•As far as the soybean meal, I've pretty much abandoned it. One inch depth of compost should supply all plants nutritional needs. Also, I question the killing of microorganisms from soybean meal; some will thrive on the N, others won't. The N is released slowly into the soil via the action of microorganisms. Chickens would mess up the garden and, anyway, don't provide free nitrogen if you feed them. (Mine get fed only enough to know where home is.) They mess up the beds so aren't allowed in my garden.

•Also, I could not get my chickens to drink from Avian Miser. Perhaps there was too much other water around for awhile. Perhaps they're too stupid.

Comment by Lee Reich Wed Nov 24 14:39:44 2010

I really appreciate you stopping by and adding in this valuable information! I love seeing what mulch you're finding --- cutting your own hay is one that I hadn't even considered.

I'm very sorry to hear you had trouble with our waterers! I sent you a slew of tips in an email, so hopefully that will turn your flock around. Chickens do seem to be creatures of habit, so if you're not able to take their old waterers away, they don't seem to try a new system.

Comment by anna Wed Nov 24 14:57:22 2010
Wow, I wish I would have found this page when I was considering moving to no-till (which I did anyway, as of last month). I'll be back to visit for more tips!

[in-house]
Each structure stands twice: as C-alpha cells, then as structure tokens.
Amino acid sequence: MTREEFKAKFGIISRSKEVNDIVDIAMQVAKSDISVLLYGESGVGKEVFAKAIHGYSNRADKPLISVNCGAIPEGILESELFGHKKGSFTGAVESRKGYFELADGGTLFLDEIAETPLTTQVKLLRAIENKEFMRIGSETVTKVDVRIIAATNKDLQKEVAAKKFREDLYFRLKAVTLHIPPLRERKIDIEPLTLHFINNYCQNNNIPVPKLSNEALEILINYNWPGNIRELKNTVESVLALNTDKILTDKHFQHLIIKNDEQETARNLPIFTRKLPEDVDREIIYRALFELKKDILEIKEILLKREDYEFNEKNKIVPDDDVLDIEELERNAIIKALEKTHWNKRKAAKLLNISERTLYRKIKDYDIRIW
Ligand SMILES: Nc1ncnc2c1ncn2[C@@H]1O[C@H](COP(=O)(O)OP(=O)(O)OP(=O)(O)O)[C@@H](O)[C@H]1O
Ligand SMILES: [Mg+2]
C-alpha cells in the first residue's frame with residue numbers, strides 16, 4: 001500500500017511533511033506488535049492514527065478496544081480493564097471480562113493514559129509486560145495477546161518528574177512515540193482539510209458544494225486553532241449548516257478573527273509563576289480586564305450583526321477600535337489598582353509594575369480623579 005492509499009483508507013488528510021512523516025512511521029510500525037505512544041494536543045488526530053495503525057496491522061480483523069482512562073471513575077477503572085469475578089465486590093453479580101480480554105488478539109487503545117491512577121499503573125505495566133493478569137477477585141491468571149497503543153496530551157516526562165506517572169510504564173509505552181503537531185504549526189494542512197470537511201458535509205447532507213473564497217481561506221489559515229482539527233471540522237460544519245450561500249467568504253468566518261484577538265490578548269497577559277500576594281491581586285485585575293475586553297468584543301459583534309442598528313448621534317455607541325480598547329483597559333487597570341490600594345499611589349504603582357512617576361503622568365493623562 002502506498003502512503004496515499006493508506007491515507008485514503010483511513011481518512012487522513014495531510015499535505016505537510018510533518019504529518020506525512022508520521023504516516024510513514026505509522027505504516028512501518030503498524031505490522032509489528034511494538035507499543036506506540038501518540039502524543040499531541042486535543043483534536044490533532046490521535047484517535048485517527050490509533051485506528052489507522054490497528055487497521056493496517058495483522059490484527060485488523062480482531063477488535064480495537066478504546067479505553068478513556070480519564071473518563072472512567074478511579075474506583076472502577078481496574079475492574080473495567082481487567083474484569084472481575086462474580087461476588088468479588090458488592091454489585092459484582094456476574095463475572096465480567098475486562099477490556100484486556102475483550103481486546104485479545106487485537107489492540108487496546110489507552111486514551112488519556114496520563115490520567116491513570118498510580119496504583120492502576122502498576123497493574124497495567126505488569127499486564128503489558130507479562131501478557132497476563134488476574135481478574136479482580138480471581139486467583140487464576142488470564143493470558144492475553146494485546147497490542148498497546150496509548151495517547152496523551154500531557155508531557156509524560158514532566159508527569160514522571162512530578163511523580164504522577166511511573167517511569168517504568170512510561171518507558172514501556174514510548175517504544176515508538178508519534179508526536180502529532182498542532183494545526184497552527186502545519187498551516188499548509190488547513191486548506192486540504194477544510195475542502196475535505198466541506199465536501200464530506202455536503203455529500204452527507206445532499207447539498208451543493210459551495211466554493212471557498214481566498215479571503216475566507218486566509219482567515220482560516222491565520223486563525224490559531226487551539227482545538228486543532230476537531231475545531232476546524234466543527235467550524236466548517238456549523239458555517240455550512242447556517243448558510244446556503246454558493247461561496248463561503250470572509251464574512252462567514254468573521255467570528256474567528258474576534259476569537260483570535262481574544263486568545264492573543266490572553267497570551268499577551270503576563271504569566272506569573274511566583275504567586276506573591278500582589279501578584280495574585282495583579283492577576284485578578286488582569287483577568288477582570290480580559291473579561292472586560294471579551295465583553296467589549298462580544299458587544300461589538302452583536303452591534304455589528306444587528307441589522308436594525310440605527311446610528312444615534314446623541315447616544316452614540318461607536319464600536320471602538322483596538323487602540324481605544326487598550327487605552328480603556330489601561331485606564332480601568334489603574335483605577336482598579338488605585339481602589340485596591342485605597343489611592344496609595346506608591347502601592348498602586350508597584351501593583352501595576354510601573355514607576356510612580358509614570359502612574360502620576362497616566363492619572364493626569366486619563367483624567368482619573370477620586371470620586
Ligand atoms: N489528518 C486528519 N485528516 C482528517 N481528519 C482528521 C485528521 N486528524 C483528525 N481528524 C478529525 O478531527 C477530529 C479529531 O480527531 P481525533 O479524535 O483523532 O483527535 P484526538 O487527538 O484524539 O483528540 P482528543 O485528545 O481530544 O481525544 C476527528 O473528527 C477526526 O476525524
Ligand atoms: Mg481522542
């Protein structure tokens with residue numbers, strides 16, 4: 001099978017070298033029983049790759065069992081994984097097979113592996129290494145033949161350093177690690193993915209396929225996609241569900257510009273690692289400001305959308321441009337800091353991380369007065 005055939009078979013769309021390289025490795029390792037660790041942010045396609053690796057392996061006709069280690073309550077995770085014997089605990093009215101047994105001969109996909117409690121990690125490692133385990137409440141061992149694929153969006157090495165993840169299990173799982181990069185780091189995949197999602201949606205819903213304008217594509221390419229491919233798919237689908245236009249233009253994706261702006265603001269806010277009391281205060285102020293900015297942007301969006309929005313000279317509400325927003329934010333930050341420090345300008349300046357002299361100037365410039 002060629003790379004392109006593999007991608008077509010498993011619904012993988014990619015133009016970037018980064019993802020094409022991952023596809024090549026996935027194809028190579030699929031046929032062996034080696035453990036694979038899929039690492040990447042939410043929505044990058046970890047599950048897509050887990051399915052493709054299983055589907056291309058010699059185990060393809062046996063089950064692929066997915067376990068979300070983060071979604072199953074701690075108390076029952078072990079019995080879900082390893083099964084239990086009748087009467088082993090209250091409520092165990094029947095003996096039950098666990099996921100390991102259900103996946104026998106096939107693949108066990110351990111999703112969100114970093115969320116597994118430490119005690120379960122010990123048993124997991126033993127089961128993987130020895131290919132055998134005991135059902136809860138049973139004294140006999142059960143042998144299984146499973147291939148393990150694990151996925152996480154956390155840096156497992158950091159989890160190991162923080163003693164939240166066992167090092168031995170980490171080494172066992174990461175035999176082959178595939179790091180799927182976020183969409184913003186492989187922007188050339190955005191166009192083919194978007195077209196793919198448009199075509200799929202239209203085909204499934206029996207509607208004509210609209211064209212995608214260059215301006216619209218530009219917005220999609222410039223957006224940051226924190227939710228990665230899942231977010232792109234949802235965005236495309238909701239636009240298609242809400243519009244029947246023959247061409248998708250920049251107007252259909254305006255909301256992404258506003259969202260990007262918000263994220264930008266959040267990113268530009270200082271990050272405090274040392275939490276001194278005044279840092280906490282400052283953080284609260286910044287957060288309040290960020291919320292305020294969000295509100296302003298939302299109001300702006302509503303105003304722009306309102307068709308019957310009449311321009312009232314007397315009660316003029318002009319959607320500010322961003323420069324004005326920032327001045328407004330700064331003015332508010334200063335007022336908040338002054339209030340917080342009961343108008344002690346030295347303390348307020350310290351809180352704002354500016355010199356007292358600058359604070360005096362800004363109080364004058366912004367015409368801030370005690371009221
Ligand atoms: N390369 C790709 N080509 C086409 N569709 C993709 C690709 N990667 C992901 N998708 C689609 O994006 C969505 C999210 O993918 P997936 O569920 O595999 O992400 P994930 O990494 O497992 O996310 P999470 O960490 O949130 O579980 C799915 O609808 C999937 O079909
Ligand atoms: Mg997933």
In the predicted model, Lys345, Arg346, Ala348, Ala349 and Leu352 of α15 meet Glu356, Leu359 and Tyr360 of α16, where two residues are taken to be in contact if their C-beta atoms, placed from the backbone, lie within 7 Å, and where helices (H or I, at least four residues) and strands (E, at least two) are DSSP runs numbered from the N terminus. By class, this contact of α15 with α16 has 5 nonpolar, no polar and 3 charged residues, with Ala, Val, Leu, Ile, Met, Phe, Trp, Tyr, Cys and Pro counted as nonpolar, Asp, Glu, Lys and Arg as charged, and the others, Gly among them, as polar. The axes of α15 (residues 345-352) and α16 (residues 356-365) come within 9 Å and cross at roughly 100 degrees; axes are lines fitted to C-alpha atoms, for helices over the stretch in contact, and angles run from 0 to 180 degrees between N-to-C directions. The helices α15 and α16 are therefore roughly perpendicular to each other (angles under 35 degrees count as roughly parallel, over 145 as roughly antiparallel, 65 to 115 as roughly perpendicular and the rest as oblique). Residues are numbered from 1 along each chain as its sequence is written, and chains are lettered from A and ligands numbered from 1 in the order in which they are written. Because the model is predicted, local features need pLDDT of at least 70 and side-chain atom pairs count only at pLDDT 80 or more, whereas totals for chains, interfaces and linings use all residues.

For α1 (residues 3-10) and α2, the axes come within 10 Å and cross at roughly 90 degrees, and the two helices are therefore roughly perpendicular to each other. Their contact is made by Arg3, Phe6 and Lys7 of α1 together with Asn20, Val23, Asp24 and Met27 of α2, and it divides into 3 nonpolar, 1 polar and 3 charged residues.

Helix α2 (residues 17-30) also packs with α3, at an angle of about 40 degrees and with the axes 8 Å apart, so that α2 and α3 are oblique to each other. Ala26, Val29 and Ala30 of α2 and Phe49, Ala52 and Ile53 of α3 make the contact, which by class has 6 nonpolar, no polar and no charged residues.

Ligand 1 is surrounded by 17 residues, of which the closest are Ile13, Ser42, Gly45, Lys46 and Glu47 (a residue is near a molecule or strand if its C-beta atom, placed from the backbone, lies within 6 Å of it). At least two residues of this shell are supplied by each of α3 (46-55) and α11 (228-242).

Comment by Swamp Thing Wed May 11 13:07:40 2011
I'm glad I could help (albeit tardily.) I remember being intrigued when you commented with a link to your cover crop trials a few weeks ago, and can't quite figure out why I didn't add you to my reading list. I've subscribed to your blog now and look forward to following your adventures.
Comment by anna Wed May 11 16:19:34 2011

Hi Anna. I was just browsing at previous posts you've made to pick up as much information as i can.That's why i'm hovering at an older post.

Your comment : "and if you're the unlucky inheritor of hardpan, you'll have to break up that tough soil layer before returning to no-till techniques"